U.S.-based Kraft Foods Inc
Cadbury had steadfastly rejected Kraft's 10.5 billion pound ($17.1 billion) hostile takeover bid since a brief conversation between the two sides in late August. Kraft faces a UK Takeover Panel deadline on Tuesday to raise its bid high enough to entice a majority of Cadbury shareholders.
When asked why the two companies came to the table after nearly five months, one source told Reuters: Both parties felt that they were potentially able to realize their most important needs through negotiation, on price and governance.
A second source said the two sides were discussing a deal value at 840 pence to 850 pence per share for Cadbury, compared to Kraft's current offer of 769p per share, and that an agreement could be announced as early as Tuesday.
Officials from Kraft and Cadbury declined to comment.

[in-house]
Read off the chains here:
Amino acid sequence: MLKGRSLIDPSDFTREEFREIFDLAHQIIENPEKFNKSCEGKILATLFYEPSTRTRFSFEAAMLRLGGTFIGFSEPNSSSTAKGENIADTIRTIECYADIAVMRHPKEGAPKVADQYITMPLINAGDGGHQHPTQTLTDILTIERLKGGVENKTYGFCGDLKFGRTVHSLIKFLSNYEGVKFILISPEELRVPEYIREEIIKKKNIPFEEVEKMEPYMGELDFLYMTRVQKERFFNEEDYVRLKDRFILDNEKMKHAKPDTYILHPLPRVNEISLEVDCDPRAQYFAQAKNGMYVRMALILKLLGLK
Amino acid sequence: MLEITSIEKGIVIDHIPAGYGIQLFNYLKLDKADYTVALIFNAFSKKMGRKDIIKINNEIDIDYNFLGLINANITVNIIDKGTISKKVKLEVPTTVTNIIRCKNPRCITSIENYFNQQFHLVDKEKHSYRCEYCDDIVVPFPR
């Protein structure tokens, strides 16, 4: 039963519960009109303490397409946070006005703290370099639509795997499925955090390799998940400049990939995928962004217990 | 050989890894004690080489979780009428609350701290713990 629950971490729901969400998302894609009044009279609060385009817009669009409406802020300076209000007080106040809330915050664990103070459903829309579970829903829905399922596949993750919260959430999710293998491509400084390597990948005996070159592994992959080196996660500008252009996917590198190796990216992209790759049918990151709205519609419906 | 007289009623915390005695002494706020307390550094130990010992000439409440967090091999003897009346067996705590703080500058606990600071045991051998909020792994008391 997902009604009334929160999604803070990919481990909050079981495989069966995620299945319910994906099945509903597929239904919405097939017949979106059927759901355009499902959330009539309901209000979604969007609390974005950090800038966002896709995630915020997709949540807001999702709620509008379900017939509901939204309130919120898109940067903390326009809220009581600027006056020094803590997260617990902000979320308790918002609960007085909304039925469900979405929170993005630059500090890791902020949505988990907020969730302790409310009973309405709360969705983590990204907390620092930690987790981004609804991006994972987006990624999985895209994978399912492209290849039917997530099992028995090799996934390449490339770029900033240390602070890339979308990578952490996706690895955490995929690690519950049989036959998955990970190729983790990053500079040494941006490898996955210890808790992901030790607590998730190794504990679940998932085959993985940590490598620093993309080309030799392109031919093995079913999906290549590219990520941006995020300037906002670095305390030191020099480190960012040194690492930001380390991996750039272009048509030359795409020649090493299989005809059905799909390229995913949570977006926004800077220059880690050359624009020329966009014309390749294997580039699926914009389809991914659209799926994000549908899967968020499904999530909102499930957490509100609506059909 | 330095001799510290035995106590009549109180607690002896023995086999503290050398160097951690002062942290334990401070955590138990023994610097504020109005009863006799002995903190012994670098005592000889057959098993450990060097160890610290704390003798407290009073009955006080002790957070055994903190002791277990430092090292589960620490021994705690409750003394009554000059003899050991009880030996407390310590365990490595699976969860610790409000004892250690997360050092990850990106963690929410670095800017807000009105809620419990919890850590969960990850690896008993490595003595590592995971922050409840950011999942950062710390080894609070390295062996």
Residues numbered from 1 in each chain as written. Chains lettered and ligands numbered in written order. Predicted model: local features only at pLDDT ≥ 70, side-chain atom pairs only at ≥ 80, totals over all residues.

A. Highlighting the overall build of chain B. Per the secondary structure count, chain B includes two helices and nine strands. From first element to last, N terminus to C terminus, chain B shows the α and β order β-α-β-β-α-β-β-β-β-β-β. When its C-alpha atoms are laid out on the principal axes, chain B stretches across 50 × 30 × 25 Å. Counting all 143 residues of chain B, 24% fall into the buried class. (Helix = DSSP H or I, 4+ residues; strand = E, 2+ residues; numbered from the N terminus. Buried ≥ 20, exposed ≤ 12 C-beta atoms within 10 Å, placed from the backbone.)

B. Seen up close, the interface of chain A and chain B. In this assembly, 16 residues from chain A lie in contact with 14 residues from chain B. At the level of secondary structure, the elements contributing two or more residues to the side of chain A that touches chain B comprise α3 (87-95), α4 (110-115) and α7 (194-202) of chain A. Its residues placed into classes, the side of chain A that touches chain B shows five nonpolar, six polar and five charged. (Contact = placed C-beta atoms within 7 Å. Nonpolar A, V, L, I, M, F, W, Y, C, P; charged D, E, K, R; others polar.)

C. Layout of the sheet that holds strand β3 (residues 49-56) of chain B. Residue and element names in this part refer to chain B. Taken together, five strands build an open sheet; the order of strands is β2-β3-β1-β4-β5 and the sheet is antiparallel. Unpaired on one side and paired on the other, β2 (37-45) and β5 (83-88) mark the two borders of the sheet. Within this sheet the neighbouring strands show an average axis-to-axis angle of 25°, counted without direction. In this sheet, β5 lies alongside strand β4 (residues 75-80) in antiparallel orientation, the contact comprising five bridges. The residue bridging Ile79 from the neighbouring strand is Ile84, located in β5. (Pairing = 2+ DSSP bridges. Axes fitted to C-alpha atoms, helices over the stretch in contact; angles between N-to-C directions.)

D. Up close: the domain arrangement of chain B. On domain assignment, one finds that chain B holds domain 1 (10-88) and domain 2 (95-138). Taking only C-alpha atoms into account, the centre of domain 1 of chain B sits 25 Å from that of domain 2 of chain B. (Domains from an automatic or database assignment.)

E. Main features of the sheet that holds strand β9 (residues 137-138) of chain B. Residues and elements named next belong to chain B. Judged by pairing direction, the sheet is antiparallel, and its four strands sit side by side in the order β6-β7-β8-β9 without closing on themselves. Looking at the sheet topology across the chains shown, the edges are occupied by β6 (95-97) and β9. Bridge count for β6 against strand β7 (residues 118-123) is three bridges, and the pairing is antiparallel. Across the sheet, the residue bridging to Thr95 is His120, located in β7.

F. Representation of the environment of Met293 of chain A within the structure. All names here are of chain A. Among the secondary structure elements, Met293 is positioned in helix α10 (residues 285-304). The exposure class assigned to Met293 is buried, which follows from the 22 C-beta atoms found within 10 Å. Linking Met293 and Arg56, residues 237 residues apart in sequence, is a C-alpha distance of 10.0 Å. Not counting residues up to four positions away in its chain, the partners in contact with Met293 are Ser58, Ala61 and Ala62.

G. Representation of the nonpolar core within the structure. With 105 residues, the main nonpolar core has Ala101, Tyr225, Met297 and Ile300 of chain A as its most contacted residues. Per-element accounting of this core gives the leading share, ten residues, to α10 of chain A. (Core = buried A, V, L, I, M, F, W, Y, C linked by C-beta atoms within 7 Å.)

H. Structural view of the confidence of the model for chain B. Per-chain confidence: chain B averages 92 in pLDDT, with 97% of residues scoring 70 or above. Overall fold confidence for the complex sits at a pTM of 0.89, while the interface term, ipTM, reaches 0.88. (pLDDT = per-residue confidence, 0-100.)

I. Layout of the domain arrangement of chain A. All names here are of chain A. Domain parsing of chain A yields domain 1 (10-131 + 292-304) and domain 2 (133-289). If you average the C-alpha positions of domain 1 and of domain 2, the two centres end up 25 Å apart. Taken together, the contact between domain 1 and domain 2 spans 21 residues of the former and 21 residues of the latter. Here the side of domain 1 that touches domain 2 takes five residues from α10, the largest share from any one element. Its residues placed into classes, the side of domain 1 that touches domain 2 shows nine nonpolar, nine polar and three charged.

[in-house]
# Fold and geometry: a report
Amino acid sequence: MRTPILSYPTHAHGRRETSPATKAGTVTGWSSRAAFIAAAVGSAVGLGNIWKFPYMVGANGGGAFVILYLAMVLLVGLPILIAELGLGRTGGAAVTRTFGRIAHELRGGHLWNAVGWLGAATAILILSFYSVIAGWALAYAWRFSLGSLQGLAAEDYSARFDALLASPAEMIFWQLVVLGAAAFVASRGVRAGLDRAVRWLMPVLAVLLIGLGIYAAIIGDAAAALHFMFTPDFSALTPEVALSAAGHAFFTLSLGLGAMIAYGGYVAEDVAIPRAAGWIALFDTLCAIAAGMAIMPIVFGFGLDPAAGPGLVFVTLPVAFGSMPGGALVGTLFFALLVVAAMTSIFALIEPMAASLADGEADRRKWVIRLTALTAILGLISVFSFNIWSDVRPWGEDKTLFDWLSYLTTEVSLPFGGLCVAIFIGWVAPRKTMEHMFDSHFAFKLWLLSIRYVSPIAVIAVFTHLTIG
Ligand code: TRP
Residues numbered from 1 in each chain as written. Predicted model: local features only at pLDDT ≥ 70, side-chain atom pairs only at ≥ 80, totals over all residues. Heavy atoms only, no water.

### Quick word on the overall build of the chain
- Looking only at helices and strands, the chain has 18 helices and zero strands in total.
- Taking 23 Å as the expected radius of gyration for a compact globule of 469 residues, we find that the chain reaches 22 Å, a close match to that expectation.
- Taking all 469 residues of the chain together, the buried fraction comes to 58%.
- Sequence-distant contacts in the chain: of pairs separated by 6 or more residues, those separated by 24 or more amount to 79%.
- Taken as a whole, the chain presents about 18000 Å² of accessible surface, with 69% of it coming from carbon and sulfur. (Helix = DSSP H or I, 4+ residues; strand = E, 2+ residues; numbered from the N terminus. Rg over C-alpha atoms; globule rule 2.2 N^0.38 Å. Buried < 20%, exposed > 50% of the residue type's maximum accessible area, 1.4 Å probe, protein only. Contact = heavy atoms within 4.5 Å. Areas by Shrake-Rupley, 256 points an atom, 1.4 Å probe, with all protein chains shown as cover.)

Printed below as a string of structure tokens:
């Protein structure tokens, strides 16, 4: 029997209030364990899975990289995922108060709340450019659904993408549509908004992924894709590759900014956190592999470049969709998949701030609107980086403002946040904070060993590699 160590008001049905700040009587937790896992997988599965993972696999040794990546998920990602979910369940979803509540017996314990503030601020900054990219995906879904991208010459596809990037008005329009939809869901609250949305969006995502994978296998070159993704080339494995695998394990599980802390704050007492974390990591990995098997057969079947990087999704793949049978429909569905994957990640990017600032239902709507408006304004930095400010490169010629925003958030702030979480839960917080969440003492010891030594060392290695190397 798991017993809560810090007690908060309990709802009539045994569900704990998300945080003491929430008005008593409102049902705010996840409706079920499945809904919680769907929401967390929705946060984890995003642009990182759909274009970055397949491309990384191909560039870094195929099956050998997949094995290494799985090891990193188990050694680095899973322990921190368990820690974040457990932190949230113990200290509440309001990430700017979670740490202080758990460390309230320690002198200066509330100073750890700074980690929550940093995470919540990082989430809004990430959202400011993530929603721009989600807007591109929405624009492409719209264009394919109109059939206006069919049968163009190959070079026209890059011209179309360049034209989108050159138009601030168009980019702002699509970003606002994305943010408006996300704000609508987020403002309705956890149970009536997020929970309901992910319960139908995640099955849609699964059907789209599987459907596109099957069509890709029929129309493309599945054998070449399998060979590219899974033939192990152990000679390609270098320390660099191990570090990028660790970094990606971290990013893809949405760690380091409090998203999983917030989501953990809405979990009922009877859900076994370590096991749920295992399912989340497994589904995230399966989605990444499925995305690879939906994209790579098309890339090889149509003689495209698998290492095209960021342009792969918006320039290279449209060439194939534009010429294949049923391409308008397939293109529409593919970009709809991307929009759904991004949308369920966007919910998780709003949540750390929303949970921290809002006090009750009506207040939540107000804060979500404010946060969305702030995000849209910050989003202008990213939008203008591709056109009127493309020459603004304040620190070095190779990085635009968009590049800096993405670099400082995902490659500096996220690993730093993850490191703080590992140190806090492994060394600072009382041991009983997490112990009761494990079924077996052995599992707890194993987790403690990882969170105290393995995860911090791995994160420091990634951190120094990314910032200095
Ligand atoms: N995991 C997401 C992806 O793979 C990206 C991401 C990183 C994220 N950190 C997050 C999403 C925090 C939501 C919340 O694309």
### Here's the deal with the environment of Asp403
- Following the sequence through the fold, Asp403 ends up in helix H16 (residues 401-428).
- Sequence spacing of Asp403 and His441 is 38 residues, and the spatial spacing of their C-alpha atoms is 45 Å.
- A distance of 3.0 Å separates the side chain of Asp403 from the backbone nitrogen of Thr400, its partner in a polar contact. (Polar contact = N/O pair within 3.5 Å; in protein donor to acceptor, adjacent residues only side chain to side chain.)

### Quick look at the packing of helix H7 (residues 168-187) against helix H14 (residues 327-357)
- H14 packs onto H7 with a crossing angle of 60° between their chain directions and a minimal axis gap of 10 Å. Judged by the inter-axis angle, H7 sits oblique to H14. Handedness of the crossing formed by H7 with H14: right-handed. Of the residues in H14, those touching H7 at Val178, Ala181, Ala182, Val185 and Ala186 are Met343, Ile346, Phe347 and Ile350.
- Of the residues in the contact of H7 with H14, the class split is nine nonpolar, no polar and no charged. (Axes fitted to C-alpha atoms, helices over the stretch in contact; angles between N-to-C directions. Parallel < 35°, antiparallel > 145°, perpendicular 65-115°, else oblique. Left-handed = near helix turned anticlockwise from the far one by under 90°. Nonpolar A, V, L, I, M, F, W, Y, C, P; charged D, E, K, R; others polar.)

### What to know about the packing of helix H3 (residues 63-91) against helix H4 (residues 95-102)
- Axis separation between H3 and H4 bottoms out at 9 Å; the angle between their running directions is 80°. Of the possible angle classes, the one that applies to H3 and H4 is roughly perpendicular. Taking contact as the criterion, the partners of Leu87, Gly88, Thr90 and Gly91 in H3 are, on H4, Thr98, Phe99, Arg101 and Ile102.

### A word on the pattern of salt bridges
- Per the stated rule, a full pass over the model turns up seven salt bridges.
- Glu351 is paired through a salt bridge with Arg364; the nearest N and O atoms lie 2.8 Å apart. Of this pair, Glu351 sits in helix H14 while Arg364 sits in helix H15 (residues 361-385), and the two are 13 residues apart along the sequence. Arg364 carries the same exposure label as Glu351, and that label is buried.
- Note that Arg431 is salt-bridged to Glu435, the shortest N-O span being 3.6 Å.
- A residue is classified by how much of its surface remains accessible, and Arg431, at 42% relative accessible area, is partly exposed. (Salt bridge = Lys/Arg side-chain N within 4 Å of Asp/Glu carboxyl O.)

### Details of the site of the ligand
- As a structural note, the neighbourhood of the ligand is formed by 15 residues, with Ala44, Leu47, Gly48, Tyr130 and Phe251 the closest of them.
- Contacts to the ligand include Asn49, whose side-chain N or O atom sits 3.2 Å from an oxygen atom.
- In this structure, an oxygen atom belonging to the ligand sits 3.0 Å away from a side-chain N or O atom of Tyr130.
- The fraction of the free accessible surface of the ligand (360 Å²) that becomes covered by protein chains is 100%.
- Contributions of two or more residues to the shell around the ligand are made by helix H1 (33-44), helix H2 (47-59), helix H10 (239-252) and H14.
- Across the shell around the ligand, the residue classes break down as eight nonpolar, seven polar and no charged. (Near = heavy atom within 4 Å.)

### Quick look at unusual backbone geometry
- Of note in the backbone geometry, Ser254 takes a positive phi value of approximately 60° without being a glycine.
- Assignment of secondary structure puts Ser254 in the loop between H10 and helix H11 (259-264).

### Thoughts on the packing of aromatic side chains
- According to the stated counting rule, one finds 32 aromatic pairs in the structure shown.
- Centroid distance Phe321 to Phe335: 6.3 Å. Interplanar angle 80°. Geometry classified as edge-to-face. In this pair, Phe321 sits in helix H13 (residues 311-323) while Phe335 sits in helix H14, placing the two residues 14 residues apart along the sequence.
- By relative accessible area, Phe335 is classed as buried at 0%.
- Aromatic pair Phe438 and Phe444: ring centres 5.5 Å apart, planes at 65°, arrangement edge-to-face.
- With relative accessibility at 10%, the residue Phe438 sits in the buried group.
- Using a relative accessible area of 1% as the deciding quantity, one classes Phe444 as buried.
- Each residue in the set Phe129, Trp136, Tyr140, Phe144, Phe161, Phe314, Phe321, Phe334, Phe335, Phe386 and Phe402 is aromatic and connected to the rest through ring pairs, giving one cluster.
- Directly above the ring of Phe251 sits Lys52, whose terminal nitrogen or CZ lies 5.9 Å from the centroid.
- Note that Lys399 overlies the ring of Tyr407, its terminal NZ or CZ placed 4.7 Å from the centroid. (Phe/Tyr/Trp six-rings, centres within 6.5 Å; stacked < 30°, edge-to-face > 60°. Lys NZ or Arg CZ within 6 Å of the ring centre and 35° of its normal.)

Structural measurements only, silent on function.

Kraft had been expected to raise its bid by the deadline and many Cadbury investors said they would not contemplate an offer below 800p to 850p per share. Earlier on Monday, major Cadbury shareholder Standard Life
Kraft Chief Executive Irene Rosenfeld had gone door-to-door in London to visit Cadbury investors late last week, with many shareholders saying she mostly listened to their arguments for a higher price.
Cadbury had said it sought to remain independent so long as Kraft's offer undervalued its businesses. It had also encouraged talks with potential rival bidders, including Hershey Co
Hershey had been preparing a bid for Cadbury to top Kraft, but had yet to make a final decision on submitting an offer. Hershey officials declined comment on Monday on news of a possible friendly deal between Kraft and Cadbury.
(Reporting by Brad Dorfman and David Jones; Writing by Michele Gershberg, editing by Martin Golan)